Danny's not here, Mrs. Torrence. Well, of course he's not, he's out teaching! Having only done two roles as a child: the tortured Danny Torrence in The Shining and a young G. Gordon Liddy in the 1982 television film, Will: G. Gordon Liddy, he gave up acting for good. Later, Lloyd became a biology professor at Elizabethtown Community and Technical College in Elizabethtown, Kentucky in 2007. Don't try to take his class for an easy A, though. According to his Rate My Professor reviews, he's a tough grader, with reviews like: "He was tough but gave great instruction... if you take good notes and study you can pass his class. He did not put up with people who were not serious about the class" and that "he doesn't put up with slackers at all." Good to know.
4 Jeff Cohen: Entertainment Lawyer
Jeff Cohen was always entertaining - the man was Chunk in The Goonies after all. Sadly though, according to his profile in The American Bar Association Journal, "Puberty hit and forced Cohen into early retirement." Cohen decided to take his Hollywood knowledge and put it to use, earning a J.D. degree from the UCLA School of Law in 2000 and going into entertainment law. In 2002, he co-founded the Cohen & Gardner firm in Beverly Hills. He was also named one of Hollywood's Top 35 Executives 35 and Under by The Hollywood Reporter in 2008. He also has done work for The Huffington Post and CNBC from time to time about business and legal subjects. All that sounds worthy of a Truffle Shuffle to us.
3 Michael Schoeffling: Carpenter
Michael Schoeffling's Jake Ryan in Sixteen Candles was always a dreamboat and it's hard to imagine he could get any more attractive. We've learned, though, that while waiting for roles, he began making furniture. Schoeffling now has a successful furniture business in his home in Wilkes-Barre, Pensylvania. In an interview with the LA Times, he said: "Actors spend most of their time out of work, so I actually spend more time making furniture. The thing about furniture that's much better than acting is that it's just me. There's no director, no script--the concept is me, unless a client wants something. In film work you do the best you can under the given circumstances, but you don't have control. At least, I don't." Well, we'd sit in Jake Ryan's chair any day.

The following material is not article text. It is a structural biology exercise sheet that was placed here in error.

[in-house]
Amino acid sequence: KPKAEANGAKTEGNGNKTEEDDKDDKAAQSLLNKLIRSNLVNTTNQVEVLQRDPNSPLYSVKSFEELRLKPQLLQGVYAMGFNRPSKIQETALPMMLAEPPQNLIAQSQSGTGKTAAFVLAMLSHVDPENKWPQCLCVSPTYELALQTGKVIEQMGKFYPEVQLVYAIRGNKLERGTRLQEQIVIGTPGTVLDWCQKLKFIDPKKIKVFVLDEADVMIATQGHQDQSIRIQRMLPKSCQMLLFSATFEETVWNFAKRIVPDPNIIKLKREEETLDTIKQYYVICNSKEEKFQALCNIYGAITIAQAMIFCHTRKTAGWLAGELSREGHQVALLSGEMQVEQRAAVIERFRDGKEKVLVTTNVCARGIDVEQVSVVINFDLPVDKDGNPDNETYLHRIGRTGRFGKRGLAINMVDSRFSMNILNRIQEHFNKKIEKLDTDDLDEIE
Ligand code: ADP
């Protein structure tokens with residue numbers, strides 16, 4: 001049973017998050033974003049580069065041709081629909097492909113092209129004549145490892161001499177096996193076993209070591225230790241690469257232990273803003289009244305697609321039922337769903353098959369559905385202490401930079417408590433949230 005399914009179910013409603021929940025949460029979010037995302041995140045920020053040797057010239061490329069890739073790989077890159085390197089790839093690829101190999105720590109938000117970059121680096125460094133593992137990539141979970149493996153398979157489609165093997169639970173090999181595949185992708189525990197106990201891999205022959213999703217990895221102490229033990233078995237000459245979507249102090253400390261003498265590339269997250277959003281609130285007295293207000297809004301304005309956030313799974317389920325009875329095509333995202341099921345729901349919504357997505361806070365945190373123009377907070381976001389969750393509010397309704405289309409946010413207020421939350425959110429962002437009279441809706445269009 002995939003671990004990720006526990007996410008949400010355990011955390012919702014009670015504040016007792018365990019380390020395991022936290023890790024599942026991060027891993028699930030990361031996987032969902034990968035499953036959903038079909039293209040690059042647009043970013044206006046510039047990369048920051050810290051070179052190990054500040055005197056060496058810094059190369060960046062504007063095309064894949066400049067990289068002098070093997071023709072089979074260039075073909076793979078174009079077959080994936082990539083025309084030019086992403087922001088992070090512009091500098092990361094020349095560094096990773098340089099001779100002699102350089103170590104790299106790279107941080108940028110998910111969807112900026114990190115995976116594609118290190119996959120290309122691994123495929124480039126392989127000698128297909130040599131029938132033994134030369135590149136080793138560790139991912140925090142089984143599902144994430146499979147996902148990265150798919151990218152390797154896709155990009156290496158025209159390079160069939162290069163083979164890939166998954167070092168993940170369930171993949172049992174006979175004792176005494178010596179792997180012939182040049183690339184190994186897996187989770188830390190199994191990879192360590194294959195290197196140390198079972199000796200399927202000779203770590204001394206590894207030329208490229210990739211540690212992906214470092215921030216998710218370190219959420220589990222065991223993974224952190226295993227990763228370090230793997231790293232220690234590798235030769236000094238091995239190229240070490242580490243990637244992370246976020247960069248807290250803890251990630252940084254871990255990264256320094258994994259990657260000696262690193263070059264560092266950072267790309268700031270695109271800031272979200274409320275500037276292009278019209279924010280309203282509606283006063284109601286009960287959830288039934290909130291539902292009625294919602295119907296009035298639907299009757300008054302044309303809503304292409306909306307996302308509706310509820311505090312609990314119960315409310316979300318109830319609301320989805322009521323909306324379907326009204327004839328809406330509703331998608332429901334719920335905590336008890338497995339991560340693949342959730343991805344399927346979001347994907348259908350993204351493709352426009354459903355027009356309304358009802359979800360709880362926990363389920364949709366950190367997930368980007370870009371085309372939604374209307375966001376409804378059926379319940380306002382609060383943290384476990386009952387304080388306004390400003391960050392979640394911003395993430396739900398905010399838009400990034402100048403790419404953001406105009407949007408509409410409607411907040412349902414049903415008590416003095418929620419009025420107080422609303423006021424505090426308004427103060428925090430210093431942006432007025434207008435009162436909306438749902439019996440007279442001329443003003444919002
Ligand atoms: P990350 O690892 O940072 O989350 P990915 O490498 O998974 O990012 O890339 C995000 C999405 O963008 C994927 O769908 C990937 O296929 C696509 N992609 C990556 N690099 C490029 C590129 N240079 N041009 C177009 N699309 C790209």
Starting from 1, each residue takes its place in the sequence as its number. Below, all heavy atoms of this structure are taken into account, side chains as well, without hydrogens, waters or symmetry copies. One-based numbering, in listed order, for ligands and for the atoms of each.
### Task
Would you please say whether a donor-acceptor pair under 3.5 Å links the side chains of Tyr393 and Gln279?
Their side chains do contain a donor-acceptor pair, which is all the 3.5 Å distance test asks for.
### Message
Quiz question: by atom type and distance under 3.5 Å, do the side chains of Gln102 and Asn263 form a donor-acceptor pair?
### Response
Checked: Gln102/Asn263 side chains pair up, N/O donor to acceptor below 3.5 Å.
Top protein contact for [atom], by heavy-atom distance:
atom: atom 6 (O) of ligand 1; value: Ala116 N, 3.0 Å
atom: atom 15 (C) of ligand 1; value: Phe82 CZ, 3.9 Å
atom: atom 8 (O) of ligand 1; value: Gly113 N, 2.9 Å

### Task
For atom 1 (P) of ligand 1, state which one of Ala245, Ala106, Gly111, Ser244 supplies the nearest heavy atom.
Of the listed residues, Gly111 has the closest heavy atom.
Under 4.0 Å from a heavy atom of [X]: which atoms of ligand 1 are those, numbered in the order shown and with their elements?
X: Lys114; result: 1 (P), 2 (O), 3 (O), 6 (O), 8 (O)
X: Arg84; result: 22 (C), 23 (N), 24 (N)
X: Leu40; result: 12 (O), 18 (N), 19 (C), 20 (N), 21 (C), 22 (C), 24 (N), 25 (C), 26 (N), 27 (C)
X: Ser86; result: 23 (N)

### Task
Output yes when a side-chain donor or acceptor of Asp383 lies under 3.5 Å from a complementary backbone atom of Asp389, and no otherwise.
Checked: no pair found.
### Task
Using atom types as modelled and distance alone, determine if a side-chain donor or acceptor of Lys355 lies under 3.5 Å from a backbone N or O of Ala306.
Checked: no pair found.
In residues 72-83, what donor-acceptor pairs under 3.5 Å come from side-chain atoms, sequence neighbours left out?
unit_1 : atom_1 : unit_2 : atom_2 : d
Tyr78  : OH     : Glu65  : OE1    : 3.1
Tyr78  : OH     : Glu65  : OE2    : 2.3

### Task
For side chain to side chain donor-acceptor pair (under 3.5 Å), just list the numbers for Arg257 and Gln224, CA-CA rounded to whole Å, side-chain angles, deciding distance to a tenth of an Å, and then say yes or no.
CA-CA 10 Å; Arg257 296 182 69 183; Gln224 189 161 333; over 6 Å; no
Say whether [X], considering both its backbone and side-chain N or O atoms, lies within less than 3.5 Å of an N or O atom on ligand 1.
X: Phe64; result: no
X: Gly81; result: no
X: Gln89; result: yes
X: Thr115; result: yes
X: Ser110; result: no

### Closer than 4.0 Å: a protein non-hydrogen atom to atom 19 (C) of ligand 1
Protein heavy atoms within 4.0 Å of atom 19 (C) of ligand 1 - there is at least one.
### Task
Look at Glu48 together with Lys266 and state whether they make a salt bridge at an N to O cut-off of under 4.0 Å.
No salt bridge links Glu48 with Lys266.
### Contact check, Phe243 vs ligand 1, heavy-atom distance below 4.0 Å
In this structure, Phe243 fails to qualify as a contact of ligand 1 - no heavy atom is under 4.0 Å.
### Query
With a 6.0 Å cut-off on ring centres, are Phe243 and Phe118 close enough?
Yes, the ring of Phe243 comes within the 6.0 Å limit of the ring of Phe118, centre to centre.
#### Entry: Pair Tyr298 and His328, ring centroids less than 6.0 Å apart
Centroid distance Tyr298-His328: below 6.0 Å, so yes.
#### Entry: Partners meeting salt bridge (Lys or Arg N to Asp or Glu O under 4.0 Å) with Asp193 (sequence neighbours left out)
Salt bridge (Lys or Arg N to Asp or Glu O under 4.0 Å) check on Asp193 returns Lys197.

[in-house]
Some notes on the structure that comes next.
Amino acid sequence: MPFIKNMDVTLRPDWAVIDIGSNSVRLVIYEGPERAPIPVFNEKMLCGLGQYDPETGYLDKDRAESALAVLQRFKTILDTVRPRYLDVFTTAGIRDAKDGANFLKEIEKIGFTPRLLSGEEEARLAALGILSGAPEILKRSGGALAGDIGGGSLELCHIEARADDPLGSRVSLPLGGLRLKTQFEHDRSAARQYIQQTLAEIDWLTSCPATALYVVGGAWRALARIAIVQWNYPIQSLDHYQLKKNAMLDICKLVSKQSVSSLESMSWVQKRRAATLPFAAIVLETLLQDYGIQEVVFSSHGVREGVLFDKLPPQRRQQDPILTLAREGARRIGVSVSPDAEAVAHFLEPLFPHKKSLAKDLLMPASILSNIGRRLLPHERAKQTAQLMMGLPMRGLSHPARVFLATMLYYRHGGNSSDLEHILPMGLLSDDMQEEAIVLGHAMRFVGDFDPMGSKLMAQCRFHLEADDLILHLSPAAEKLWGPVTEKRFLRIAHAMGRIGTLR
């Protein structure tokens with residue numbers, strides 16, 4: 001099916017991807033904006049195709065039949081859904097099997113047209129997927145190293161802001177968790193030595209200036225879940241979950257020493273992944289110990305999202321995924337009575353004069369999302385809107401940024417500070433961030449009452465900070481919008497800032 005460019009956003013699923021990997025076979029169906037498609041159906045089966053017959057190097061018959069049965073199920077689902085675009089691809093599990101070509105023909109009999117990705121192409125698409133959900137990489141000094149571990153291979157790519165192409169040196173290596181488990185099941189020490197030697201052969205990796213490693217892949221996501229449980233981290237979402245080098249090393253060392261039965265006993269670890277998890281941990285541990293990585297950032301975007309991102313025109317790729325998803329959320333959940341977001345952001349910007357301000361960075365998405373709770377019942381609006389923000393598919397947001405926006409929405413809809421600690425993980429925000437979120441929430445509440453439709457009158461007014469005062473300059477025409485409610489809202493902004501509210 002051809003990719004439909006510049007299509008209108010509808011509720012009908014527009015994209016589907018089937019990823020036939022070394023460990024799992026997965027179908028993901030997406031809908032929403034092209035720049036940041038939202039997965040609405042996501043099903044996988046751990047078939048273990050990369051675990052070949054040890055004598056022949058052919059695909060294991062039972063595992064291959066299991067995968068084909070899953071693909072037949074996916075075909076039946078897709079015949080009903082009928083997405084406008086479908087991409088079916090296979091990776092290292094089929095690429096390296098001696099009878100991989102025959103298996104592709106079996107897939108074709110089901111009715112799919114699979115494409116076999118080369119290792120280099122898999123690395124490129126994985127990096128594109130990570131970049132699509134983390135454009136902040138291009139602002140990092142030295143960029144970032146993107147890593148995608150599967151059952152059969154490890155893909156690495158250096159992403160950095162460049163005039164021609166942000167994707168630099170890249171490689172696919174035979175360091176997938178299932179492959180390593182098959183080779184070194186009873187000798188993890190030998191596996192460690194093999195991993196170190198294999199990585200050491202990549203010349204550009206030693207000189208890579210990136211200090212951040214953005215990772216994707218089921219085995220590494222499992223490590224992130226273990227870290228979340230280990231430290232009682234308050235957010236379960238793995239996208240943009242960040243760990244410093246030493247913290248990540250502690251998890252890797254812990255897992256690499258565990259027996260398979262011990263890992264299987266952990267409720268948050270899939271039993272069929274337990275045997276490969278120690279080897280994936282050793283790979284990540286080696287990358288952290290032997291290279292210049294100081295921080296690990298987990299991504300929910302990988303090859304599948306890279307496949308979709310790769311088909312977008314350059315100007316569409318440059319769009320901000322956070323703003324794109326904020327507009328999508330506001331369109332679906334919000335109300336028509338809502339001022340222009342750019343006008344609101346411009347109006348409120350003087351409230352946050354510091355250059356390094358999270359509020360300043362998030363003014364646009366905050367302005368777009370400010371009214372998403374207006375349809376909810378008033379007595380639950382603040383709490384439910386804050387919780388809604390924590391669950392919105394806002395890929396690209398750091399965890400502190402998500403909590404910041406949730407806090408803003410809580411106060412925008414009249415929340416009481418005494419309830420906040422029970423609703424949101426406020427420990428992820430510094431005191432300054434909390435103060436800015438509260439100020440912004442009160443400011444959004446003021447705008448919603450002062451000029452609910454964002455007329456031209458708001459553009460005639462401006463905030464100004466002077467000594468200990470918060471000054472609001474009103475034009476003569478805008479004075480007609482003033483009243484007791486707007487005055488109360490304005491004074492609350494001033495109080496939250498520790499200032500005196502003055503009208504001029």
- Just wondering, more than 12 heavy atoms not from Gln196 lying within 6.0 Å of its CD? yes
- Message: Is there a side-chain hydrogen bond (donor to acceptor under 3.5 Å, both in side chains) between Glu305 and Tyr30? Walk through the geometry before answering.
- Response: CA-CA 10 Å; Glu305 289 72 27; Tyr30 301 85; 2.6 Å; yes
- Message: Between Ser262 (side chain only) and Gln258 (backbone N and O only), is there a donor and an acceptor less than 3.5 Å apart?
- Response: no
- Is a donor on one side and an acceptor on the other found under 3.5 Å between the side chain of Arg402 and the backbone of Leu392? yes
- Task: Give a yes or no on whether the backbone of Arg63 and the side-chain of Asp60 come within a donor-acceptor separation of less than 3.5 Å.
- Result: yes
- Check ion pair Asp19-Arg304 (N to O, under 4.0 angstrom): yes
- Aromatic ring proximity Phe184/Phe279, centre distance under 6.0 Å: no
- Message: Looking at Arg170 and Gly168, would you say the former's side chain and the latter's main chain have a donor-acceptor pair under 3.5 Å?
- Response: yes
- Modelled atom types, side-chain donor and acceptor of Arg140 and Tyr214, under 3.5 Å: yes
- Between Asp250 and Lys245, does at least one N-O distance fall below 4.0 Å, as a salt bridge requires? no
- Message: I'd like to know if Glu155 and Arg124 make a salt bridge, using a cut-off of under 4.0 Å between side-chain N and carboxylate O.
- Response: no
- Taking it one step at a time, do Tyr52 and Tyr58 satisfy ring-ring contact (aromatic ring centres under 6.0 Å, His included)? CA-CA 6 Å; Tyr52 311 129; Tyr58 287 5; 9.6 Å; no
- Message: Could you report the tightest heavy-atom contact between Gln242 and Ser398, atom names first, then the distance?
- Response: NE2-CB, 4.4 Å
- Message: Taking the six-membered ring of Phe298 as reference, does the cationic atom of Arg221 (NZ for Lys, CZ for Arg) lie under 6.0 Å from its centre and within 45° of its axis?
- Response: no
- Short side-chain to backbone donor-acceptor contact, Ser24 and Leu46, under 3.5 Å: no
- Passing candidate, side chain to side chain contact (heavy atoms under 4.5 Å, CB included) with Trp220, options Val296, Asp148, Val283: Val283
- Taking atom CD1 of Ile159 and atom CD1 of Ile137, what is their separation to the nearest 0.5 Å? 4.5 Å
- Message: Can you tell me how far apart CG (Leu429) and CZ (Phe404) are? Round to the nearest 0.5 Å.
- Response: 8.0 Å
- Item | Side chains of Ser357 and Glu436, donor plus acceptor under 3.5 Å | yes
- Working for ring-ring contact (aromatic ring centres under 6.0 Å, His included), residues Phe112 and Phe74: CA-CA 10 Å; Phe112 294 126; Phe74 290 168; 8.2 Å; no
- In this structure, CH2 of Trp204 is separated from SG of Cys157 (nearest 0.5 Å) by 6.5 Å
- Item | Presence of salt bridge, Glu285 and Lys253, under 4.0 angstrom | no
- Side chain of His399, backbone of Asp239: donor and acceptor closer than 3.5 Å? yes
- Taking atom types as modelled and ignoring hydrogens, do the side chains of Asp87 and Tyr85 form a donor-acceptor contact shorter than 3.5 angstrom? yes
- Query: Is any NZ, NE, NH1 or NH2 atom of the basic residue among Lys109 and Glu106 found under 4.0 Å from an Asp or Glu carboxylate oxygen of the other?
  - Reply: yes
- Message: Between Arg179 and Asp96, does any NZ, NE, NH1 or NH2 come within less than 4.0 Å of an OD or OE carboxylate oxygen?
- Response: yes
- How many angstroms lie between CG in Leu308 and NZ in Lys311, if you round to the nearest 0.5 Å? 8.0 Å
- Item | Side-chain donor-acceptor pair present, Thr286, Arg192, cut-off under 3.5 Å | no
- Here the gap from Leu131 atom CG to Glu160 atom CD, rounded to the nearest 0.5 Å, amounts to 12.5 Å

2 Mike Vitar: Fireman
Mike Vitar was a powerhouse of the teen sports movies in the '90s. He starred as Benjamin Franklin "Benny The Jet" Rodriguez in The Sandlot and as Luis Mendoza in D2: The Mighty Ducks, showing off charm and acting chops. After retiring from acting in 1997, Vitar worked first as an EMS and then moved into his current careers in 2002 as a firefighter in Los Angeles, which he still does today. Sadly, his days were not all sunshine and baseball. Vitar and two other firemen severely injured a man on Halloween in 2015. He pleaded no contest to the charge of misdemeanor battery and paid a $2,000 fine, attended weekly anger management classes for a year and completed 90 days of community service to make up for the incident.
1 Peter Ostrum: Veterinarian
He may not have inherited the chocolate factory in real life, but Peter Ostrum found real happiness anyway. He received his Doctorate of Veterinary Medicine from Cornell University College in 1984 and now practices at the Countryside Veterinarian Clinic in Lowville, New York. In an interview with Express, he said: "I was offered a three-picture deal with the studio, but I decided not to pursue acting. Looking back, my pay cheque was paltry, but it was during filming that I really became interested in medicine. So I bought my first horse with my earnings and that started my current career path as a vet." Ostrum has featured again on screen in 2012, this time on the YouTube reality show Vets on Call, which shows off the daily lives of rural veterinarians. Oh, and he now rocks a mean mustache, which we felt was absolutely worth pointing out.